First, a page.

Free-Spirited Bridge Engineer Has No Regrets For Past Mistakes

Ben Konklin, maverick bridge engineer and designer of some three bridges, said in an interview last week that he spends no time regretting or revisiting the mistakes made in the past on bridges and other projects that failed to live up to expectations or live-load requirements.

The renegade designer says that he does not allow social norms or ASTM standards to interfere with his ability to design bridges and skyscrapers that reflect his unconventional persona.

"Maybe there are things that I would have done differently, like if I had to go back and decide whether or not to use the correct nut size to secure the bolts on that one bridge over the Missouri River, maybe I'd say 'yes'," said the untethered designer. "Still, taking chances like that, which your average engineer wouldn't think twice about, are totally necessary to me, because if I didn't get to express myself through my work I think I'd go insane."

Despite the 11 drivers and passengers who fell to their deaths upon the bridge's failure, Konklin holds true to his design philosophy, which is that "nothing in life is certain". Blatantly disregarding typically accepted norms for design and showing utter contempt for government reviewers and officials, who he claims are constantly attempting to squander his right to free-expression, the rebellious Konklin remains at the forefront of realist structural design.

"Stock markets may collapse, a nuclear bomb could detonate, or you could get struck by lightning," stated the engineer, "so why should anyone assume with absolute certainty that the bridge you're on, designed by me, is necessarily going to support your weight, or the lateral forces of the semi truck that just miraculously made it across? Sometimes you've got to do what’s right for you, and if someone else gets burned in the process, that's just the collateral damage of a genius getting his wings."

Citing the inanity of live-loads, lateral forces and recalculation of dead-load due when adding roadway lanes, Konklin refuses to fritter away his valuable time on things on which other "mediocre" and "creatively-stunted" engineers focus. The art behind bridges, says Konklin, is not whether or not it works, but whether or not drivers crossing the bridge are made aware that they are alive. "I'm especially fond of incorporating the use of gravity in my medium," he says.

"Pre-tensioned concrete is so pedantic," said the artful designer. "Anyone can design a bridge that's going to last 100 years, but it takes someone like me with a more long-sighted point of view to give each pedestrian or driver who crosses my bridge a moment of self-realization and reflection upon their own mortality. Everyone knows that this life is fleeting, but a moment of true realization is hard to come by, and that's exactly what I try to do with every bridge I under-design for aerodynamic-stability."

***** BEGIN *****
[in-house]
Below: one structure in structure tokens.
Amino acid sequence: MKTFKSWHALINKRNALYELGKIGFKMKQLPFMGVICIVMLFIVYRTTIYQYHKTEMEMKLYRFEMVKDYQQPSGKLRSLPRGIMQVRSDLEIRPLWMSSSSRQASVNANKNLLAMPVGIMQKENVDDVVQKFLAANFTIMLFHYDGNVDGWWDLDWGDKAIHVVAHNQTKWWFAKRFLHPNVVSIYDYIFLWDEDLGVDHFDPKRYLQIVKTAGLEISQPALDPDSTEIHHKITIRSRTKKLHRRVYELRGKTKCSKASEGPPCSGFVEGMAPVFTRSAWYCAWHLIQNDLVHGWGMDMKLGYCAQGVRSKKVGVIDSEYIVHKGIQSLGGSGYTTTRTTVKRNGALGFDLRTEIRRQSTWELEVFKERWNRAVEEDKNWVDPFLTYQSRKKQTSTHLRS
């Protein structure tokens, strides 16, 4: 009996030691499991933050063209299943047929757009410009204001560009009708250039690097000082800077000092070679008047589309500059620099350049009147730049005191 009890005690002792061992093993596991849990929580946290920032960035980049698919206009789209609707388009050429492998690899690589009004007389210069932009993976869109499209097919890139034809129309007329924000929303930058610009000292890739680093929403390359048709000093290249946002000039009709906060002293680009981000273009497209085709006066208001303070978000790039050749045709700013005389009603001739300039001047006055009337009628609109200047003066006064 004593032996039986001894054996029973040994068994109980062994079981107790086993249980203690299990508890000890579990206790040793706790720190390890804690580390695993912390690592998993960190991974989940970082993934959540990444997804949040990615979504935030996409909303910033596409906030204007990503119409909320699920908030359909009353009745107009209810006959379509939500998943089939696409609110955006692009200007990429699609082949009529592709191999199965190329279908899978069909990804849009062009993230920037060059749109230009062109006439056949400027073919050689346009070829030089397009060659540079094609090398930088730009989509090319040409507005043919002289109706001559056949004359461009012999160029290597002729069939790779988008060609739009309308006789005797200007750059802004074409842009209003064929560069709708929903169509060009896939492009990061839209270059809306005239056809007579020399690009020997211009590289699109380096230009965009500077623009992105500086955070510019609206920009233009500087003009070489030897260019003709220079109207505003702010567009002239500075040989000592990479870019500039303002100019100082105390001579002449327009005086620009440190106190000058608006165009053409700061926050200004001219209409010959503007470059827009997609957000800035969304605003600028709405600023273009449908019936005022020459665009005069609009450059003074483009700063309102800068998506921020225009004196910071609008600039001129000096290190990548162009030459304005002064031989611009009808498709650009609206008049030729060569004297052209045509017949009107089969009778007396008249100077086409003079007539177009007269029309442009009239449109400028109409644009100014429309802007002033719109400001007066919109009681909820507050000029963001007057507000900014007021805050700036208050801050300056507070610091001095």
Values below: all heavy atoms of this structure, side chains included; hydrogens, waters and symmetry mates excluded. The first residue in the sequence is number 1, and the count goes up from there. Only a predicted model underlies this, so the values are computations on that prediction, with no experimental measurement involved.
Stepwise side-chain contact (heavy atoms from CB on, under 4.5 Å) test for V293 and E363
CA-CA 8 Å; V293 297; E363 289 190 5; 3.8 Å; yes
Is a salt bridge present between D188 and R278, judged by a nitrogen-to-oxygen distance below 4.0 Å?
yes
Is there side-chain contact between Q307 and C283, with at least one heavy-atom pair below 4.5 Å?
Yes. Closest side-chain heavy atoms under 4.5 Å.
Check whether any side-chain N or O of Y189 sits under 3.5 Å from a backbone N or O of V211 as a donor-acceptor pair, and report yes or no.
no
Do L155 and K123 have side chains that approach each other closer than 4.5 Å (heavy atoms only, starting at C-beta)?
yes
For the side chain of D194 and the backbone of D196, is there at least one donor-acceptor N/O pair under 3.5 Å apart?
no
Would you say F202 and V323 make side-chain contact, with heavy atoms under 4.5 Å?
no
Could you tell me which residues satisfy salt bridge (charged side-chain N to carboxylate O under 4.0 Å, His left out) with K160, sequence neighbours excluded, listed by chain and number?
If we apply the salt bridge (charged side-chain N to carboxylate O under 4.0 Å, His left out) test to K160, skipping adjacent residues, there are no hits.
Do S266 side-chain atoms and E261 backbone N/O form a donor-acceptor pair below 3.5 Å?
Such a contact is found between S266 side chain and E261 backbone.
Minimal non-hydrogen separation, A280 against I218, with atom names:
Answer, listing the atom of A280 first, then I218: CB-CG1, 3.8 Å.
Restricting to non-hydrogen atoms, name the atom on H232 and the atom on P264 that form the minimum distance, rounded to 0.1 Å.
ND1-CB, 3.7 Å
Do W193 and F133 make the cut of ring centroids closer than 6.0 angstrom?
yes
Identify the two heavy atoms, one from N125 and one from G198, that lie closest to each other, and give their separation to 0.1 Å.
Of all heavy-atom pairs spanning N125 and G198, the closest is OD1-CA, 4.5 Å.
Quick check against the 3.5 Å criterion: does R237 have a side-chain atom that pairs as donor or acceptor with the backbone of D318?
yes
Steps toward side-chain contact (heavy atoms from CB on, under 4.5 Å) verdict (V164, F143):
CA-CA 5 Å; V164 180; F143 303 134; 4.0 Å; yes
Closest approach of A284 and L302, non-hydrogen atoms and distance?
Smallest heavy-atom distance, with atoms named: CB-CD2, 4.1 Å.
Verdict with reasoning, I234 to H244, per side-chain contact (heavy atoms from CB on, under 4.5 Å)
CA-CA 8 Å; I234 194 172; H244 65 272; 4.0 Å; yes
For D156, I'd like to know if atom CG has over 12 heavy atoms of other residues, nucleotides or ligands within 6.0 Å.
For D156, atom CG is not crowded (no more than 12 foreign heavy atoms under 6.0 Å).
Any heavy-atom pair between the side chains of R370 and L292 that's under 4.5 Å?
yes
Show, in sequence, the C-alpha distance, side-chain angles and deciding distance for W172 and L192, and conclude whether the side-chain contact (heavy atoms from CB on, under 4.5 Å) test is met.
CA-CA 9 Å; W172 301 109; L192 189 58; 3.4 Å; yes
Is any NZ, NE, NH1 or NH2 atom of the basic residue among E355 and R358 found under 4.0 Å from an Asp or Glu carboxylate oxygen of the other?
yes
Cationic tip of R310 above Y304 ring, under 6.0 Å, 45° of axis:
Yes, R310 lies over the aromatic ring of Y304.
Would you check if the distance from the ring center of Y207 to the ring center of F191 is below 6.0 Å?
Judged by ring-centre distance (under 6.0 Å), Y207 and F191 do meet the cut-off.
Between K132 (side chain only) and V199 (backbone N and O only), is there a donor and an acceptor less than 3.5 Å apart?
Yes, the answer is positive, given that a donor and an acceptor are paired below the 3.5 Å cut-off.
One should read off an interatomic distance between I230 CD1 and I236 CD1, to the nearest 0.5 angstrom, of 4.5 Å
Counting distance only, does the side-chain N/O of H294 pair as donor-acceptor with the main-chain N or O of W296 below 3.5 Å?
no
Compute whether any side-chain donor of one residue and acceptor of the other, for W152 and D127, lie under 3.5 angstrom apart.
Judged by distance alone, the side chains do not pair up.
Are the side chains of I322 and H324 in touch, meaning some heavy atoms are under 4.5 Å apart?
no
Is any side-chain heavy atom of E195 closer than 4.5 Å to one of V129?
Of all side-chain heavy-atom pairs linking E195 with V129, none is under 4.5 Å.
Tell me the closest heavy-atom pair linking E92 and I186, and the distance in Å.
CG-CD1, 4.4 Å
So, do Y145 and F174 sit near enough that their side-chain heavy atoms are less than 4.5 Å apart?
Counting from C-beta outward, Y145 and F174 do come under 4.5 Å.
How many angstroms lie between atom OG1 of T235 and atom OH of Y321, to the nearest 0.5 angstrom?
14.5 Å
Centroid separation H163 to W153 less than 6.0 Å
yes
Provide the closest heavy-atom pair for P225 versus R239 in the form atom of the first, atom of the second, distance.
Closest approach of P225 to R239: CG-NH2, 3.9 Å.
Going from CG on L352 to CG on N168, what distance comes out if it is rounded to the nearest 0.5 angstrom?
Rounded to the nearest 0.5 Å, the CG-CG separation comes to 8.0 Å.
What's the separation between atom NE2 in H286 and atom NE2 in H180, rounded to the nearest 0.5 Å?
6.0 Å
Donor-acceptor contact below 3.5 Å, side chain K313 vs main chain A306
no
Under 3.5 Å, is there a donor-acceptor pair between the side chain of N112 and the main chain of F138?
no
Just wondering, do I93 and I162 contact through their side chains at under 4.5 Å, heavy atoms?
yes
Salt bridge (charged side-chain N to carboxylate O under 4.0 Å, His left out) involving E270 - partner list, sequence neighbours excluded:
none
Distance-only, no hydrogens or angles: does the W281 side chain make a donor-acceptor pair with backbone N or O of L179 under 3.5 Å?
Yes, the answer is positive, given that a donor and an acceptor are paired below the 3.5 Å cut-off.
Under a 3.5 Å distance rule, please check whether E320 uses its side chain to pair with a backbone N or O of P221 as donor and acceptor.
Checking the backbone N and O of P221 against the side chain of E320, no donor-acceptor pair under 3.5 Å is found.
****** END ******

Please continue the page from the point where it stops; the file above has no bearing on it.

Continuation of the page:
Though he has had his share of critics and lawsuits over the years, many are beginning to recognize him as a truly independent presence in the typically banal world of bridge-design.

"His message of using unapologetic and controversial methods in civil engineering design is a bold one," said architecture critic Blair Kamin. "Where most designers and reviewers would opt for a more standard truss-system, Mr. Konklin literally holds his bridges together with toothpicks, which is an extraordinary expression of the modern mentality with its rising gas-prices, fear of terrorist attacks, and other disasters. Mr. Konklin has successfully incorporated the fears and anxieties of the 21st century into his life's work, and for that he should be commended."

Despite a series of disastrous failure and collapses, in which many pedestrians have been injured and even killed, Konklin continues to make bold plans for the future. Citing Bob Dylan and Ken Kesey as larger influences in his career than Brooklyn and Golden Gate Bridge engineers John A. Roebling and Joseph B. Strauss, Konklin remains obstinate to his methodology, which is to eschew typically accepted methodologies.

"You can't keep revisiting your past and worrying about things you should have done, or decisions you wish you had made differently," said Konklin. "I mean, it's too bad that all those people died when my bridge over the Red River Gorge catastrophically collapsed, but it's just not healthy to dwell on mistakes of the past, because what's done is done. Life is short, and if I wasted all the time that other engineers spend worrying about the difference between tensile and compressive strength of concrete, my whole life would have passed me by, and I'd be left with nothing."

Konklin says that despite having found his calling to design bridges of highly questionable structural integrity, he plans on making a move into skyscrapers and sports-arenas as his next idiom of expression.

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